Green Home

“Going green” is an idea and a lifestyle that seems to be gaining steam. Whether your primary concern is about how we as humans impact the environment or you’re just interested in saving money on water and electrical bills, the appeal of “going green” is understandable. Do you realize that our homes can be where we realize the greatest benefits of a green lifestyle?

What does it mean to you, to “go green?”

It may mean using alternative construction materials, smaller footprints, or renewable energy. How might each affect your home insurance rates? Let’s take a look at three common factors.

 

  1. Building with Green Materials

In addition to the size of your home, the materials used to build your home are the next largest factor in its replacement cost (which is what the insurance companies care about most). This is where a conversation with your insurance agent would really make sense, because some “green” materials are more expensive than traditional construction materials, while some are significantly less expensive.

For example, using straw bales as a structural element (for exterior and interior walls) may seem odd, but it is trending across the USA. Insurance companies are generally in favor of straw bale construction because the straw performs very well in severe weather and with the proper flame-retardant applied to it, presents a very low fire risk. And of course the cost to rebuild is very attractive, so you may see lower home insurance premiums with this type of “green home.”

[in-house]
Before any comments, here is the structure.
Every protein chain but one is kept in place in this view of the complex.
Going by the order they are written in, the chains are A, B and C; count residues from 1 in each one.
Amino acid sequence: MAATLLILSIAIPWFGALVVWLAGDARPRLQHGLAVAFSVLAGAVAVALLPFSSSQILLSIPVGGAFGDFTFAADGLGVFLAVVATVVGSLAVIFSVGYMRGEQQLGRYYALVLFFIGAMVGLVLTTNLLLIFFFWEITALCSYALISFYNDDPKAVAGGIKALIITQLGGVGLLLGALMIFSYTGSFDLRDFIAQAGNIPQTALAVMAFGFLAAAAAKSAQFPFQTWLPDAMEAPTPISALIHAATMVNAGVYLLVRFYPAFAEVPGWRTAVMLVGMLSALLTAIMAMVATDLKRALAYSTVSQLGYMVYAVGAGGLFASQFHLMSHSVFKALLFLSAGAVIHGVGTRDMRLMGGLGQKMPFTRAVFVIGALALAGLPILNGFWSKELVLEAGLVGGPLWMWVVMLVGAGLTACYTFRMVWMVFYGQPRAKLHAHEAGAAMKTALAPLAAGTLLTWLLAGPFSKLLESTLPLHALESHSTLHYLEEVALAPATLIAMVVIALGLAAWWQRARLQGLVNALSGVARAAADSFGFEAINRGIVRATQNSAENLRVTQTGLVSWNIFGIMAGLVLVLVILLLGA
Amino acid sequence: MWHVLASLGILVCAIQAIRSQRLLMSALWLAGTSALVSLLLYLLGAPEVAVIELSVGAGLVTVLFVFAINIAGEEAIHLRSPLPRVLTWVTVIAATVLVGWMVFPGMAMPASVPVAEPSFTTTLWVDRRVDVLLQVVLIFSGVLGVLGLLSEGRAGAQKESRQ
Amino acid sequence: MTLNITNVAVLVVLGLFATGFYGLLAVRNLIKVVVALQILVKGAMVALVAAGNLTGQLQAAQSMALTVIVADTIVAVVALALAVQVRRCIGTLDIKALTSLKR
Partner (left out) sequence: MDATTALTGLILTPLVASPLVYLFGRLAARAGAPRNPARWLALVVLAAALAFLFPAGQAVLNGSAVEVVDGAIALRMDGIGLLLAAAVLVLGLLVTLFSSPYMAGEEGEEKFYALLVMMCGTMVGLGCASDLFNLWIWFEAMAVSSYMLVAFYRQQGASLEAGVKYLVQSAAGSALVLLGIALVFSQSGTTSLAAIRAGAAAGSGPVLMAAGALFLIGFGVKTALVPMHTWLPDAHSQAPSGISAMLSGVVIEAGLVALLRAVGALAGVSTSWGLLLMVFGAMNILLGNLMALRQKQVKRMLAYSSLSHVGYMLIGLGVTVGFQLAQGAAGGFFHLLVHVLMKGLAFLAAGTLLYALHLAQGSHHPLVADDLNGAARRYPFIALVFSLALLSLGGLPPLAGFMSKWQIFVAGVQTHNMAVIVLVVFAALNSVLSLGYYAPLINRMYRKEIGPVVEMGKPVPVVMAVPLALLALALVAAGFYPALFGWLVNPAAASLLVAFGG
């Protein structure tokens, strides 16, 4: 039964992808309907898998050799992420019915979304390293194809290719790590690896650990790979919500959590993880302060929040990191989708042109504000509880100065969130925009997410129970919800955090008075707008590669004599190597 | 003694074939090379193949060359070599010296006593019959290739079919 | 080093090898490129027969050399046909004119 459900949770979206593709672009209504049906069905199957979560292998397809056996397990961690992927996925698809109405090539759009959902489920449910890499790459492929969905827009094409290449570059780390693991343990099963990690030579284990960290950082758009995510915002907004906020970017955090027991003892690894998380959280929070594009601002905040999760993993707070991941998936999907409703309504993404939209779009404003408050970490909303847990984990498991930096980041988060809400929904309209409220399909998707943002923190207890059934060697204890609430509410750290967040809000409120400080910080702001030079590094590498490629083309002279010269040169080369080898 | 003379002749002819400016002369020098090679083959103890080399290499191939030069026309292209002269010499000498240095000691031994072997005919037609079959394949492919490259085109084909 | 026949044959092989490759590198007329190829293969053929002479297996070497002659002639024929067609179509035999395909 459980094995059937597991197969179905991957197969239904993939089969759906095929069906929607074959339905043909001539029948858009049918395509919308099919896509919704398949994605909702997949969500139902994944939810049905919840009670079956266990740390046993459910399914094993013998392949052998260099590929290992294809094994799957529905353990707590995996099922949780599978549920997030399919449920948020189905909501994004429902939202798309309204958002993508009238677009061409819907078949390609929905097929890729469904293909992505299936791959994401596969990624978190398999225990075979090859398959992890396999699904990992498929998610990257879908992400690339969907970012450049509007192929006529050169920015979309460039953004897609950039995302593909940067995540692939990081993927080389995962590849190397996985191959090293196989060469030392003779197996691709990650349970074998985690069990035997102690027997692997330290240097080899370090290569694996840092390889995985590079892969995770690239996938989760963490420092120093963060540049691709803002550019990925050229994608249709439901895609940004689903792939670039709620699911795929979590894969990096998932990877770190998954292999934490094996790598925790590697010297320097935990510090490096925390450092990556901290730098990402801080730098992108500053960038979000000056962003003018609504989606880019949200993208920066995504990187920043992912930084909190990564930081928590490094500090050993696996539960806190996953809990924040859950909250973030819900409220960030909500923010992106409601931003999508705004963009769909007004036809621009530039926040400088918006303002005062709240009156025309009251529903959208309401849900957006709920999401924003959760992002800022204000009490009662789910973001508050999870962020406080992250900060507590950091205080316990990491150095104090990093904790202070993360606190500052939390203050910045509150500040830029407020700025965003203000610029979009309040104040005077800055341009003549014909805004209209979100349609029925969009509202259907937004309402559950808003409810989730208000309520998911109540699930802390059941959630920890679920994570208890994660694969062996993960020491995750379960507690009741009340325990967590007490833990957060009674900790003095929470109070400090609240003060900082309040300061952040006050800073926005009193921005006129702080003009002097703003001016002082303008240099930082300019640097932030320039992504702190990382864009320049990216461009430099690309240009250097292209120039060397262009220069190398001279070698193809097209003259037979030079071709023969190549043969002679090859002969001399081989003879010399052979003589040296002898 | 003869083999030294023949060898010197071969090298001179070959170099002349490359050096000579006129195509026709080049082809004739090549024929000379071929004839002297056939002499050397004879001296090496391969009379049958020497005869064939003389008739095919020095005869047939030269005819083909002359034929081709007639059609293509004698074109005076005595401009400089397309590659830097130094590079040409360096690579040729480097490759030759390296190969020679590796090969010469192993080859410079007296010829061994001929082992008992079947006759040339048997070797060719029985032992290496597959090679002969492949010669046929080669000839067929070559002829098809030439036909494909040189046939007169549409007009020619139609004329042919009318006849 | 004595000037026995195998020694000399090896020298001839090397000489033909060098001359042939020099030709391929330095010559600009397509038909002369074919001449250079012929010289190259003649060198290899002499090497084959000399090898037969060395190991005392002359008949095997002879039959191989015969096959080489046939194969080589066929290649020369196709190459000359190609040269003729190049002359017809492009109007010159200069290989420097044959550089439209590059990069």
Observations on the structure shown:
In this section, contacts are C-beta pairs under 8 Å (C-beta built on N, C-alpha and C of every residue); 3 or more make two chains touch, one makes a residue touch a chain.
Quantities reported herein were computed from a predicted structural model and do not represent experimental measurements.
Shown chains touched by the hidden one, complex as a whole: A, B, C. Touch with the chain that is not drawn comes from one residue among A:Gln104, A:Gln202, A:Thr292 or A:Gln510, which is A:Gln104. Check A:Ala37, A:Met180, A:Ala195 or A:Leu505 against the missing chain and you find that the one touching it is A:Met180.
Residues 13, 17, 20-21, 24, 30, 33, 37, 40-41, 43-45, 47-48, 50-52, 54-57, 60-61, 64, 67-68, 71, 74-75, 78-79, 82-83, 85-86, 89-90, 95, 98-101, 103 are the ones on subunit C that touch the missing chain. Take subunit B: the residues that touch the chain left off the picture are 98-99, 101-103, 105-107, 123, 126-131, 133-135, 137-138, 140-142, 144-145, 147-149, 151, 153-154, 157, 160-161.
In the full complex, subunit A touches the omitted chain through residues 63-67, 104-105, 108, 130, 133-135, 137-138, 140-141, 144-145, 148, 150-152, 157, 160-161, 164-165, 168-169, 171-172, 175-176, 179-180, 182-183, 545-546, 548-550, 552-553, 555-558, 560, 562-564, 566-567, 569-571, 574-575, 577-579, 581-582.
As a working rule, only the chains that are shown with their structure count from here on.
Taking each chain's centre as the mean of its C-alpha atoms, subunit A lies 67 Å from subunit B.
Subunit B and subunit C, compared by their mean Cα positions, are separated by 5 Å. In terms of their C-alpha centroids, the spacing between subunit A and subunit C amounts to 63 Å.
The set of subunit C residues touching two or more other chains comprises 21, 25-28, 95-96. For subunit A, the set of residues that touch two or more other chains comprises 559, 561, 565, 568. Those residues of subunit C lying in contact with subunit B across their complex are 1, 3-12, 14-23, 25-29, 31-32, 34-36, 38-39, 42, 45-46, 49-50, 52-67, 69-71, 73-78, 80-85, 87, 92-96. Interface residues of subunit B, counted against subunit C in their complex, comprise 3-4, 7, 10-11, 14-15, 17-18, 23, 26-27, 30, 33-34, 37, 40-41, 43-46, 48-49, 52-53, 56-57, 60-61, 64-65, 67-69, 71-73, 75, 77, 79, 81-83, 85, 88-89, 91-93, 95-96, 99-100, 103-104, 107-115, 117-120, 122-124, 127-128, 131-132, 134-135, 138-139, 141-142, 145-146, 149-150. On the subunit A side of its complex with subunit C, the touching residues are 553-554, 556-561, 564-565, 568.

1. Reducing Your Footprint

For some people, going green can mean living smaller. This could mean living with fewer possessions and/or living in a smaller space. Anytime you reduce the number and value of your possessions or reduce the square footage of your living space and/or property – it costs less to insure those fewer possessions or smaller square footage.

 

  1. Adding Green Elements to Your Home

It’s tougher to turn an existing home into a green home, but there are things you can do. You could reduce electricity costs by installing a skylight, or add solar panels; you could add a greenhouse in which to grow your own organic food.

While these additions certainly have out-of-pocket costs, your insurance company will be focusing on how these additions may increase or decrease the replacement value of your home.

Depending on how green you go – talk to your insurance agent and make sure that your replacement cost is updated and accurate.  We can help you save a different kind of green – your money!